The play: It is hard to describe how slow Julius Thomas runs at this stage of his career. He lumbers. There is no explosiveness. There is no suddenness. On this play, coach Adam Gase found a matchup he felt he liked. Thomas was split wide left against a safety, Mike Adams, who is 36 years old and no gazelle at this point of his career, either. Well, Jay Cutler could have thrown a little better ball on the deep sideline route, but Thomas took himself out of bounds, allowing no chance for the big gainer. Thomas has suffered through numerous injuries over the last few seasons. He seems like an interesting, intelligent guy. But it seems the time has come to give up on the idea that Thomas can have a positive impact on Miami’s season. Later, Cutler made a poor decision throwing a pass toward Thomas just before halftime. The pass should never have been thrown. Miami should have run the clock out. But aside from that, passes to Thomas are prone to go badly. It’s time to give seldom-used MarQuies Gray some more reps. Gray is a much better blocker and even made a few key catches last season.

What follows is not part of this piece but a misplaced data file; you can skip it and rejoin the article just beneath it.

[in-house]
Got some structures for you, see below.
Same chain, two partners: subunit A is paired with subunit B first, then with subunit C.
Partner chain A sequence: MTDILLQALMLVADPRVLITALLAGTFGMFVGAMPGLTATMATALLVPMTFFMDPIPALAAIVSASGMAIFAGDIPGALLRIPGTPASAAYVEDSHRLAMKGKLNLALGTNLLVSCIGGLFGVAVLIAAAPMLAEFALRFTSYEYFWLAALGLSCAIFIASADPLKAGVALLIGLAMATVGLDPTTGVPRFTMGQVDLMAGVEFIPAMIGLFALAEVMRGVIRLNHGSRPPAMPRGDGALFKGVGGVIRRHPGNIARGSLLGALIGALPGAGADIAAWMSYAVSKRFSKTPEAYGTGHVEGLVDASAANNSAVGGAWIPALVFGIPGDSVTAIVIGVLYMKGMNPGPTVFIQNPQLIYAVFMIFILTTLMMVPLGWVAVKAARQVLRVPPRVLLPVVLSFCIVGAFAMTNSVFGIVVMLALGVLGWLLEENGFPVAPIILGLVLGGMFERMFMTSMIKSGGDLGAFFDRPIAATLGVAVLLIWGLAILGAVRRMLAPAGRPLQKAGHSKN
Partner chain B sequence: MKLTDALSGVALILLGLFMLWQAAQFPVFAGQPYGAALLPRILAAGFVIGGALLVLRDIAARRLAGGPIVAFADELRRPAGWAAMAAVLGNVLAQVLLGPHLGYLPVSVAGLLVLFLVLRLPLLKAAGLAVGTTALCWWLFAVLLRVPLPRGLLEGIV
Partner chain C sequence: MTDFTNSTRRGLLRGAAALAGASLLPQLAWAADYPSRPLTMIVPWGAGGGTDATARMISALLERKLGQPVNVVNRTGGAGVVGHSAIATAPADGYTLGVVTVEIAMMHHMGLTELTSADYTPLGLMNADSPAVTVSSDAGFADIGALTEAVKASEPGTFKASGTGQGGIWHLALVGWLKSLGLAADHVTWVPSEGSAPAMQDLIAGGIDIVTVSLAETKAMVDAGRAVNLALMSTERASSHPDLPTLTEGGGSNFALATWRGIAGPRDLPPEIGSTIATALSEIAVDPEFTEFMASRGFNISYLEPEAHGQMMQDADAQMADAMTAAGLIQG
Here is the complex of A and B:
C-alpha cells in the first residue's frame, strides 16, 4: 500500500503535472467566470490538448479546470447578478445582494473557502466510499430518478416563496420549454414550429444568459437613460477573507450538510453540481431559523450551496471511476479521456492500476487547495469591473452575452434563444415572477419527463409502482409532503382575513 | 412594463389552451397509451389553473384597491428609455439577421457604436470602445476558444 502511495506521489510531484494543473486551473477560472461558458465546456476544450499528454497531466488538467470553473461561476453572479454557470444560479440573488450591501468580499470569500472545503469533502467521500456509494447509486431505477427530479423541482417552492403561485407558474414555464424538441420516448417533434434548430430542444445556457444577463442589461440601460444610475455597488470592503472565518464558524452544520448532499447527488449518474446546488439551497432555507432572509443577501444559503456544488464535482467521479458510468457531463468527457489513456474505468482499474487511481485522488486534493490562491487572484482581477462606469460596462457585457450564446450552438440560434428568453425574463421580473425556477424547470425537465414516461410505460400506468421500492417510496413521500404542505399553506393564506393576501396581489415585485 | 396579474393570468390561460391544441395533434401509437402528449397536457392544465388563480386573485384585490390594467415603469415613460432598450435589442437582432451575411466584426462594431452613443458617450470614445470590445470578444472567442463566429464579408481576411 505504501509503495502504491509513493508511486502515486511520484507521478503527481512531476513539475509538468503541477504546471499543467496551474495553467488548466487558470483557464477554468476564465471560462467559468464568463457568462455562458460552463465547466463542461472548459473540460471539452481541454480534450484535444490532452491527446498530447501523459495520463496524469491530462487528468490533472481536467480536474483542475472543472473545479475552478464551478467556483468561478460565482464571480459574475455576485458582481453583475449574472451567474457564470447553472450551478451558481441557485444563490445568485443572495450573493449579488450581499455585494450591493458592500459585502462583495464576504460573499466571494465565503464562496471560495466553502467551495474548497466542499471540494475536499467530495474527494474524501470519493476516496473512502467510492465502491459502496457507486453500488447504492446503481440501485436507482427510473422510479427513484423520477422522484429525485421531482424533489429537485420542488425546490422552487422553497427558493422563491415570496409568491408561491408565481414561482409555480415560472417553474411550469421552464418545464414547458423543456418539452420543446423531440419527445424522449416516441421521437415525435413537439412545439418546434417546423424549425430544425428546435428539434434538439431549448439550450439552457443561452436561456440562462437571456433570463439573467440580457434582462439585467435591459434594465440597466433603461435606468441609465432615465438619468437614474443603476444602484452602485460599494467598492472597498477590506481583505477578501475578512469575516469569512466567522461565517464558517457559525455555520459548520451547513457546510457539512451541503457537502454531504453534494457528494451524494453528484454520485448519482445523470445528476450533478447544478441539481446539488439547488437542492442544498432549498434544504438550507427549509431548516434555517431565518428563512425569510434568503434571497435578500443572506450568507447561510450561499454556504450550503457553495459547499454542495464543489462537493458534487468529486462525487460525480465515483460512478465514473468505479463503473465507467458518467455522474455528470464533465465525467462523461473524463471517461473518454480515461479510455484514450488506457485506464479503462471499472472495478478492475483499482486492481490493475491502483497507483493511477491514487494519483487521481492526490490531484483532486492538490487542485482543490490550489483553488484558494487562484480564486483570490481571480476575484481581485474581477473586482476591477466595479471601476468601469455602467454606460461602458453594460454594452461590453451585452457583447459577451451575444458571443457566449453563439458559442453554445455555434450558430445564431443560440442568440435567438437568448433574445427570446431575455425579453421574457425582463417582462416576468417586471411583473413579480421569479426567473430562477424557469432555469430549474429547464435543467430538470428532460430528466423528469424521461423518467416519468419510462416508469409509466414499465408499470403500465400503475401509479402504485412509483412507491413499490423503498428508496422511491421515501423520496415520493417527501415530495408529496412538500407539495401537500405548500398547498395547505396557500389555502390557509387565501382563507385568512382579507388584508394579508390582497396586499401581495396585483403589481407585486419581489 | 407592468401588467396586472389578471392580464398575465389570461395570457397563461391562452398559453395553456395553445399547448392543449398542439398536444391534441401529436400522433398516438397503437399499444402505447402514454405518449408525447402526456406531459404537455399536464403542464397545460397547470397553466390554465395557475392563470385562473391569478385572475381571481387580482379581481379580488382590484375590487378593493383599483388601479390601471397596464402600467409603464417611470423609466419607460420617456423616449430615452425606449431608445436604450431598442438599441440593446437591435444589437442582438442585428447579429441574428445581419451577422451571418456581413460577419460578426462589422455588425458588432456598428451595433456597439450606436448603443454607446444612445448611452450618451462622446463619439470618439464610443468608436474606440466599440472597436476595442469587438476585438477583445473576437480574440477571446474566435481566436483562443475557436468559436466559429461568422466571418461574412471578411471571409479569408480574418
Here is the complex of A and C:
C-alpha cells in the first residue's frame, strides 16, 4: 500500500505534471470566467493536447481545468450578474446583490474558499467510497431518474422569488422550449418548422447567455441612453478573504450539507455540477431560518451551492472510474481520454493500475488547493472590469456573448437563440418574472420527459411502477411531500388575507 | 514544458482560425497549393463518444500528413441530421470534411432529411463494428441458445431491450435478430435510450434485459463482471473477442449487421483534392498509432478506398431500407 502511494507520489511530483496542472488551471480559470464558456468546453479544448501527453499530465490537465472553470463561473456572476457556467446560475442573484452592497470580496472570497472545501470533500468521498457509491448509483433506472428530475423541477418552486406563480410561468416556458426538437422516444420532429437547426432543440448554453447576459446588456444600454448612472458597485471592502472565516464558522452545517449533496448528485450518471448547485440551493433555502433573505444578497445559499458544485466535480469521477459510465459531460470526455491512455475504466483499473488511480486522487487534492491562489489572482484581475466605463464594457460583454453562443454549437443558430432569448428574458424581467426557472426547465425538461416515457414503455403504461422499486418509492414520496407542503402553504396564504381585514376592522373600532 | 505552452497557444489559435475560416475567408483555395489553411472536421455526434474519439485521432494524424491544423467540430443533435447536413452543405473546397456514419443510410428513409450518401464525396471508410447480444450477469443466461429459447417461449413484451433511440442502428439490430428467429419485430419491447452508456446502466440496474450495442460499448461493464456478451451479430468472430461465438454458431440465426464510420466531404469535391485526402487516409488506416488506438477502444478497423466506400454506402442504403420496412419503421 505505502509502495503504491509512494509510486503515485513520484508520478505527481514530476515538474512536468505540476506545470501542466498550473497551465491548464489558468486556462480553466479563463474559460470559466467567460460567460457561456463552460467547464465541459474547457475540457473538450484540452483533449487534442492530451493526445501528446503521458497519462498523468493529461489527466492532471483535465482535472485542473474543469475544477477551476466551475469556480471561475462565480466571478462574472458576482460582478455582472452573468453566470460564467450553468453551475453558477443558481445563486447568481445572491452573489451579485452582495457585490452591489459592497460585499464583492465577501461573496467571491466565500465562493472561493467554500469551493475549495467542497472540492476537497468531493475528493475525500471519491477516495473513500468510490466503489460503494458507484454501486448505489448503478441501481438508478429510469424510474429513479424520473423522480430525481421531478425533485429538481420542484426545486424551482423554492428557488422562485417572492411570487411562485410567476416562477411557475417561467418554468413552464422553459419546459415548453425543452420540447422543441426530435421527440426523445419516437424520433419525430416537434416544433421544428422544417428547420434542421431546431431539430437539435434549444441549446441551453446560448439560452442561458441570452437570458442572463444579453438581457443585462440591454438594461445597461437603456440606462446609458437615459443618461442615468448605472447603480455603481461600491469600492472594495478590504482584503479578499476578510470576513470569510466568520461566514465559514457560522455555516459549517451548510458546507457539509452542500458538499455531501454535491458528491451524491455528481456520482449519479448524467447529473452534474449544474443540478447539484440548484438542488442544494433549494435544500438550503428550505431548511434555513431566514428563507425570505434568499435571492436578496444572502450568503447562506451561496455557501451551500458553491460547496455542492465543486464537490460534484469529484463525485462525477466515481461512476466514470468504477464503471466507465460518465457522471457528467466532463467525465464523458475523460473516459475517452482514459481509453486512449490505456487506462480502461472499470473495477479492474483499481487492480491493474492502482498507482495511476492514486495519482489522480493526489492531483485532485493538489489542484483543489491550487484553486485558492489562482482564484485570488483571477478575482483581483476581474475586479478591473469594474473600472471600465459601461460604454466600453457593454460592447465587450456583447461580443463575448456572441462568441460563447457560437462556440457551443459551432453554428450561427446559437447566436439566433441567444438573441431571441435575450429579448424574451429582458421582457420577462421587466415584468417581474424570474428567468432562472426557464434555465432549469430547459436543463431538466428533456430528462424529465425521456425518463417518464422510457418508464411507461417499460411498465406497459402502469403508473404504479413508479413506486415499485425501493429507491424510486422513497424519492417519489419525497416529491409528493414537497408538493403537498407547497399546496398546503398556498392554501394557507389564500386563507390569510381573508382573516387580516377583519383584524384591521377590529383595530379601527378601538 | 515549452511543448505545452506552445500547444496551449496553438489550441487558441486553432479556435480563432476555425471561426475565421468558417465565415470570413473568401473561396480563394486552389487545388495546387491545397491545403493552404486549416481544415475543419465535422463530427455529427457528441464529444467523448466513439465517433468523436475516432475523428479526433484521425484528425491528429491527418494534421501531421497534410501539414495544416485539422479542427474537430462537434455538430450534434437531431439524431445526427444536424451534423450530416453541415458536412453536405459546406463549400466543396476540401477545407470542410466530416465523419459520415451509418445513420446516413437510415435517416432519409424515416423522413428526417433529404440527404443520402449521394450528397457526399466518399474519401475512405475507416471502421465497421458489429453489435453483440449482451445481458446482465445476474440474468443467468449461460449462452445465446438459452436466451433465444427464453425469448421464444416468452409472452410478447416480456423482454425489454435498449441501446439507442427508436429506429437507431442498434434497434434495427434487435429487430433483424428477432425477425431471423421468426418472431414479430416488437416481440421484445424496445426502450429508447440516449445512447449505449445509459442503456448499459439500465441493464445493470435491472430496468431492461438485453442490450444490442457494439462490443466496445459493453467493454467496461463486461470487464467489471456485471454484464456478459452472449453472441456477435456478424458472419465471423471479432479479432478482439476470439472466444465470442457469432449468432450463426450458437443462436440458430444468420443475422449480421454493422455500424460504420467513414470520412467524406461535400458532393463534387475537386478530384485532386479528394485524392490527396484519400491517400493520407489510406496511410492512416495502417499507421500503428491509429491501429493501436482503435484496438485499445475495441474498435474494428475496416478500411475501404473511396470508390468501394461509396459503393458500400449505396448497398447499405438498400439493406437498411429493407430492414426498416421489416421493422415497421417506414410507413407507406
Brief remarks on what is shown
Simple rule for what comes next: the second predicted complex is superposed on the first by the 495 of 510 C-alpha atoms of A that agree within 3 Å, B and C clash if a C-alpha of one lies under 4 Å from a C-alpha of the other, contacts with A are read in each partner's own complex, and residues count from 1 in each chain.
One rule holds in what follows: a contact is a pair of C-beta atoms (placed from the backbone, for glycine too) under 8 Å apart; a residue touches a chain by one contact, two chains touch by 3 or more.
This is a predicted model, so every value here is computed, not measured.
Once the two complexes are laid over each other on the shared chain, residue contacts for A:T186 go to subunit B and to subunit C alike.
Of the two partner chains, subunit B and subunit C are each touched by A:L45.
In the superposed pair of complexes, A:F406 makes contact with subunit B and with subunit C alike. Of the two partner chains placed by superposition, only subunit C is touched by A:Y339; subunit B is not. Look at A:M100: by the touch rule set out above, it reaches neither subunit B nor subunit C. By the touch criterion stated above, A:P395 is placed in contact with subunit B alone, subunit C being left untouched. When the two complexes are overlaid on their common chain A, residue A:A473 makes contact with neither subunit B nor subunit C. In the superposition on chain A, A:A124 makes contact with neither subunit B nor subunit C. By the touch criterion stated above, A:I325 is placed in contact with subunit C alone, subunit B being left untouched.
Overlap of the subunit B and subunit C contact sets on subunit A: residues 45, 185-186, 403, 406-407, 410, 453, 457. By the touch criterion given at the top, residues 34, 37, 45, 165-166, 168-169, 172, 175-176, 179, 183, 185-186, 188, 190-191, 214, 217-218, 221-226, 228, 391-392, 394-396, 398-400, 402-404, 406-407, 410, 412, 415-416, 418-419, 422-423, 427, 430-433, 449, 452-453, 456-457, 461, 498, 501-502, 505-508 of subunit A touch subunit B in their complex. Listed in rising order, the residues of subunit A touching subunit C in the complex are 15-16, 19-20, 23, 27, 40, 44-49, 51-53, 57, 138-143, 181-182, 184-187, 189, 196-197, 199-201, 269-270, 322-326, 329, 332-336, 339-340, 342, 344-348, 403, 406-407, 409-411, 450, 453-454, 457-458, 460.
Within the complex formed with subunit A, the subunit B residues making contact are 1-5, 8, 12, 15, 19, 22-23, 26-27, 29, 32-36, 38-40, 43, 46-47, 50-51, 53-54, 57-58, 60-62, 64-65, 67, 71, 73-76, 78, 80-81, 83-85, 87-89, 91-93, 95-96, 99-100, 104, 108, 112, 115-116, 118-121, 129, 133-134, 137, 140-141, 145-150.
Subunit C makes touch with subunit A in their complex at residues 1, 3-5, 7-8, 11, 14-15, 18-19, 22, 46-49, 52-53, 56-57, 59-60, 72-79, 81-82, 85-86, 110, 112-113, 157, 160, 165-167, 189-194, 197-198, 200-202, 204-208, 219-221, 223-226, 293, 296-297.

Third quarter, 14:54 left, Carolina ball on 1st-and-10 at Carolina’s 22